The wrong trousers
David Thomas’s transgender diary
Chris Hinchliffe, director of Lucinda Ellery, female hair-loss specialist, examines a picture of me taken two years ago. He notes the sparse, greasy tufts scattered along my hairline and the bare, shiny scalp at my crown. Then he looks up at the luxuriant thatch that now sprouts there, like a glorious wheatfield on what was a barren dust bowl.
‘You’ve got the best hair transplant I’ve ever seen,’ he says.
I bask contentedly in the compliment. The £11,000 I’ve spent on two procedures, the pain and discomfort – it was all worthwhile. And yet I detect a ‘but’ hanging in the air.
‘But it was a waste of time?’
Hinchliffe shrugs. ‘Well, what I am going to suggest next, would be just as easy for us if you hadn’t.’
It’s quite a blow. I could devote many thousands of words to the gruelling busifemininity ness of hair transplantation. But for now, let me just say this.
Hair transplants essentially consist of the removal of a strip of hair-bearing skin, about an inch wide and eight across from the back of your scalp. This is divided up into thousands of ‘follicular units’, each containing two or three hairs, which are then redistributed across the empty patches on your head.
You’re awake, though heavily tranquillised, throughout. And as the hairy strip of skin is ripped from your skull, the thought that comes to mind is, ‘That’s just like Velcro.’ The sound, the feel – they’re exactly the same. Essentially, then, you’re scalped. And I’ve had it done twice.
Yet here I am in an agreeable office in Chiswick, west London, coming to terms with the very real possibility that Chris Hinchliffe is right. Because here’s the thing: if all I wanted was a man’s transplant, mine could indeed be counted a triumphant success. After 25 years of everincreasing baldness, I look in the mirror and see my old, youthful, hirsute self.
But even the finest transplant can’t beat the maths. If you start out with 100,000 hairs, and you lose a third of them, then even if you redistribute them with the utmost skill, you’re still trying to cover the same amount of head with a much smaller number of hairs. Thus the density of hair is always bound to be less than it once was. And, Hinchliffe says, ‘For true you need a good thatch of hair, with nothing obvious in terms of thinning.’
And this is why I’ve come to Lucinda Ellery. Acting on the paradoxical principle that ‘the only way to get a natural look is with a prosthetic’, they specialise in ‘intralace’ hairpieces, comprised of real hair, attached to a fine mesh. The mesh is placed on your head. Your own hair is pulled through it and combined with the hairpiece to create the effect of a thick head of hair that looks entirely natural.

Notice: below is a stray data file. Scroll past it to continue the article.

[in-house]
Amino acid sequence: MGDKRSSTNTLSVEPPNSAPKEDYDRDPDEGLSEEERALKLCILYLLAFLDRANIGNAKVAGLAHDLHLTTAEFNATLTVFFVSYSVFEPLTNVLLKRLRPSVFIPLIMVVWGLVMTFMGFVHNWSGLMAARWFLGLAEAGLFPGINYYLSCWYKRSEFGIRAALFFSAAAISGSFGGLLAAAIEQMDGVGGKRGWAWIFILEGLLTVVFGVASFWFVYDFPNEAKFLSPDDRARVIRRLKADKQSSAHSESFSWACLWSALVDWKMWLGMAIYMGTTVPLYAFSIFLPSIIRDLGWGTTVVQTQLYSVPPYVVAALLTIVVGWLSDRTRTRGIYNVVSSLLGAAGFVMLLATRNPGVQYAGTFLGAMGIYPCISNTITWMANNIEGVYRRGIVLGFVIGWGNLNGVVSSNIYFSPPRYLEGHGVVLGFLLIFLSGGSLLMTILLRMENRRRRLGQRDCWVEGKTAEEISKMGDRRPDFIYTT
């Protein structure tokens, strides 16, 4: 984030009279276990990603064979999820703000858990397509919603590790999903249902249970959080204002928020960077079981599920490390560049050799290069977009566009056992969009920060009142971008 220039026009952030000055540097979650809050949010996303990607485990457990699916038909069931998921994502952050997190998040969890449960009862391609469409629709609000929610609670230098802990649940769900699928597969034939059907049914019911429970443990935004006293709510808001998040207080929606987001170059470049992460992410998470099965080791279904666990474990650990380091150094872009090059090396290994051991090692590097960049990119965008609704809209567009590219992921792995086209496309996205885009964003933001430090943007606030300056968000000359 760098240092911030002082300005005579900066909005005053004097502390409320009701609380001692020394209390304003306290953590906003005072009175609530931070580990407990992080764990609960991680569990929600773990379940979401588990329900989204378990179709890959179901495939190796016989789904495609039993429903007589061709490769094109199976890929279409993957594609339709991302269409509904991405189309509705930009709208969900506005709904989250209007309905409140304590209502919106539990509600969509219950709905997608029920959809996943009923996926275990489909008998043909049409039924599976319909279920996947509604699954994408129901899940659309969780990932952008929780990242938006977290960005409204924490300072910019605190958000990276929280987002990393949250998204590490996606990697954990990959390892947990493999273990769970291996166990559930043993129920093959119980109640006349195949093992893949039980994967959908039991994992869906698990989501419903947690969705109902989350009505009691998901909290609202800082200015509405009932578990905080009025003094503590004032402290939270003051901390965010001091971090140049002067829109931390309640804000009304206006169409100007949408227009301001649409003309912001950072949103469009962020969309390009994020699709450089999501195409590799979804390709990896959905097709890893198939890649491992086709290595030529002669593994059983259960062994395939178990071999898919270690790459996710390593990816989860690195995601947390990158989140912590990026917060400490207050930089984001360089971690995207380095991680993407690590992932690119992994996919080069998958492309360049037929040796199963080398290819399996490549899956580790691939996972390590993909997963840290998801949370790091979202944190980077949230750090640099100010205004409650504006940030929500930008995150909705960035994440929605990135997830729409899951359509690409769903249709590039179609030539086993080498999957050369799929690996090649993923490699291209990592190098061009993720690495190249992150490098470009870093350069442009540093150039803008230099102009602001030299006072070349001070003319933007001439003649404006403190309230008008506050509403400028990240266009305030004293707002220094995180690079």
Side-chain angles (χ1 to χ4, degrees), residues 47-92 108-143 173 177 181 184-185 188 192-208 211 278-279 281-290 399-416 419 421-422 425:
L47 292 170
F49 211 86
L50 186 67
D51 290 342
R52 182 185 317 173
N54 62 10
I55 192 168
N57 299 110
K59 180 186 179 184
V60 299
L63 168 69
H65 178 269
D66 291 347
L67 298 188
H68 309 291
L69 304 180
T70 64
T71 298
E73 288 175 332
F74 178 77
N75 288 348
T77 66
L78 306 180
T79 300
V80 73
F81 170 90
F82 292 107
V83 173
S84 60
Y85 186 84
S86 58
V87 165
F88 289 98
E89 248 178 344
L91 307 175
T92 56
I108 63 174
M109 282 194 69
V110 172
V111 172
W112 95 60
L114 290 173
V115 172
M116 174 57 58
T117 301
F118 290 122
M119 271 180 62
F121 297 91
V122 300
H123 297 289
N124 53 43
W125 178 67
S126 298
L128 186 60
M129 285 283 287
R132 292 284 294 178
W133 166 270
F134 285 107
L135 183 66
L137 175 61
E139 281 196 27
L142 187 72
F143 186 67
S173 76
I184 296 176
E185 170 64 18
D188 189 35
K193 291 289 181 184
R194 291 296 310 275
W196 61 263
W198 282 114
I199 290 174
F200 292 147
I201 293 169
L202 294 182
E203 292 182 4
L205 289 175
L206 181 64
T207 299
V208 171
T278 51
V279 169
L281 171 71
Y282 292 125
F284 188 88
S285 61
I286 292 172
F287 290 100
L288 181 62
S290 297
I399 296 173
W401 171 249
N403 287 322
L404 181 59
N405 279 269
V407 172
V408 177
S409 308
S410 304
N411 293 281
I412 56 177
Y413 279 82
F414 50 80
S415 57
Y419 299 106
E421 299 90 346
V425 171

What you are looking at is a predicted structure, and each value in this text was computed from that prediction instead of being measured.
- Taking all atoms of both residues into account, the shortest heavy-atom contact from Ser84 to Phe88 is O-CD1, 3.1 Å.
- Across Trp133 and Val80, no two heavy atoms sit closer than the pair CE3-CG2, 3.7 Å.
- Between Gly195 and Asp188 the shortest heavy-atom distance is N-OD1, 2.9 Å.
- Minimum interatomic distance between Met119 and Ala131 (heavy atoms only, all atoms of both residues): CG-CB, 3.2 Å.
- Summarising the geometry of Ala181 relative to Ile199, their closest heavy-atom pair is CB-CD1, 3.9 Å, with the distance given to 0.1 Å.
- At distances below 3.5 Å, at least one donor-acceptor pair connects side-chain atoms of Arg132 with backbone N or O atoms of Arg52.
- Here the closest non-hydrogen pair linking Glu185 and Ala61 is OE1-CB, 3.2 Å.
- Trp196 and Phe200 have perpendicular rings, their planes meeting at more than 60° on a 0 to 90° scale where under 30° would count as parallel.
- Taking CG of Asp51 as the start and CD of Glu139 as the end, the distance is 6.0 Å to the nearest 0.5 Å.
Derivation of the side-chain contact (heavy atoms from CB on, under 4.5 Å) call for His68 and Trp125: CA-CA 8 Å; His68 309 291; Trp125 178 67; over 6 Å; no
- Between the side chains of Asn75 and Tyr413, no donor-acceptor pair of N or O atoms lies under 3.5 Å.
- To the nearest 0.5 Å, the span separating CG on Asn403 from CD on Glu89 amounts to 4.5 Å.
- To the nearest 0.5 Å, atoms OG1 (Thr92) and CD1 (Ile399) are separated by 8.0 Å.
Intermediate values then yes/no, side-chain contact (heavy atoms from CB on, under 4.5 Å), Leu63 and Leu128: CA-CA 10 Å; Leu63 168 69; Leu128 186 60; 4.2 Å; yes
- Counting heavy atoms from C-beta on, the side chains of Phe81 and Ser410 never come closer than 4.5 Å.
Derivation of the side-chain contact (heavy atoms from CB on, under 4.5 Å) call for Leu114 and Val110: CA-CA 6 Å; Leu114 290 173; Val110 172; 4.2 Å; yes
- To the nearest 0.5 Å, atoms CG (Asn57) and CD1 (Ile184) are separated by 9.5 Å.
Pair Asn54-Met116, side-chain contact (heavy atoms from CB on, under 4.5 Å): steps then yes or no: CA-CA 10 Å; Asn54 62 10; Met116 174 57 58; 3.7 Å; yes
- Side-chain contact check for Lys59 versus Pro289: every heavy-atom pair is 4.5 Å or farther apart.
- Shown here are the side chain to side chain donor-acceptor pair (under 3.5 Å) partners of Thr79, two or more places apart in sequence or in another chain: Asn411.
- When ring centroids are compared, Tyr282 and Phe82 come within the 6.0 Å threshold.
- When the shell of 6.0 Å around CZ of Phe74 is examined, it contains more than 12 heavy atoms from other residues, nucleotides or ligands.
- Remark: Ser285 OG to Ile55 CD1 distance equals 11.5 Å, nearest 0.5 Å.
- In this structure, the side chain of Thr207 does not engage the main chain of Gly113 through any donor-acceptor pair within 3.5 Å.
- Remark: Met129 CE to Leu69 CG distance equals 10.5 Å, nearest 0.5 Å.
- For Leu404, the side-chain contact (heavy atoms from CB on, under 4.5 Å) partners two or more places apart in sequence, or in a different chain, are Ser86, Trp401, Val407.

‘We’ve got a whole colour range,’ Hinchliffe says. ‘That’s an entire meeting in itself. For example, should we have some grey in there? We could have something specially made that would be 10 per cent grey for a totally accurate match with your hair.’
‘But,’ he flatters me, ‘you look young enough not to need any grey at all.’
According to Hinchliffe, a Lucinda Ellery hairpiece typically costs ‘a couple of thousand a year’. This includes regular appointments to adjust for loosening caused by the growth of one’s own hair. If it extends right to the hairline, as mine would, the intralace has to be re-taped every couple of days.
‘It sounds like a faff, but once you see how easy it is, it’s not a big deal,’ Hinchliffe assures me. ‘You just work it into your grooming routine. When you see the effect, it’s totally worth it.’
To prove the point, he sits me down in front of a mirror, picks up a hairpiece and says, ‘I want to show you how you look with a complete, softer hairline and, most importantly, denser hair.’
He sticks it on my forehead, in a rough approximation of the final effect. I certainly look more female. But I still need a ton of work on my face to match the hair.
There are two other catches to consider. I don’t currently have thousands of pounds a year to spare for hairpieces. And I always swore that I would try to be as natural as possible: no implants, no wigs.
But, Hinchliffe is right. To look as good as I would like to, I am going to need a little help. So there can’t be any half-measures. Either I go all-in, or I don’t go in at all.
As the hairy strip of skin is ripped from my skull, I think, ‘That’s just like Velcro.’ Essentially, I’ve been scalped. And I’ve had it done twice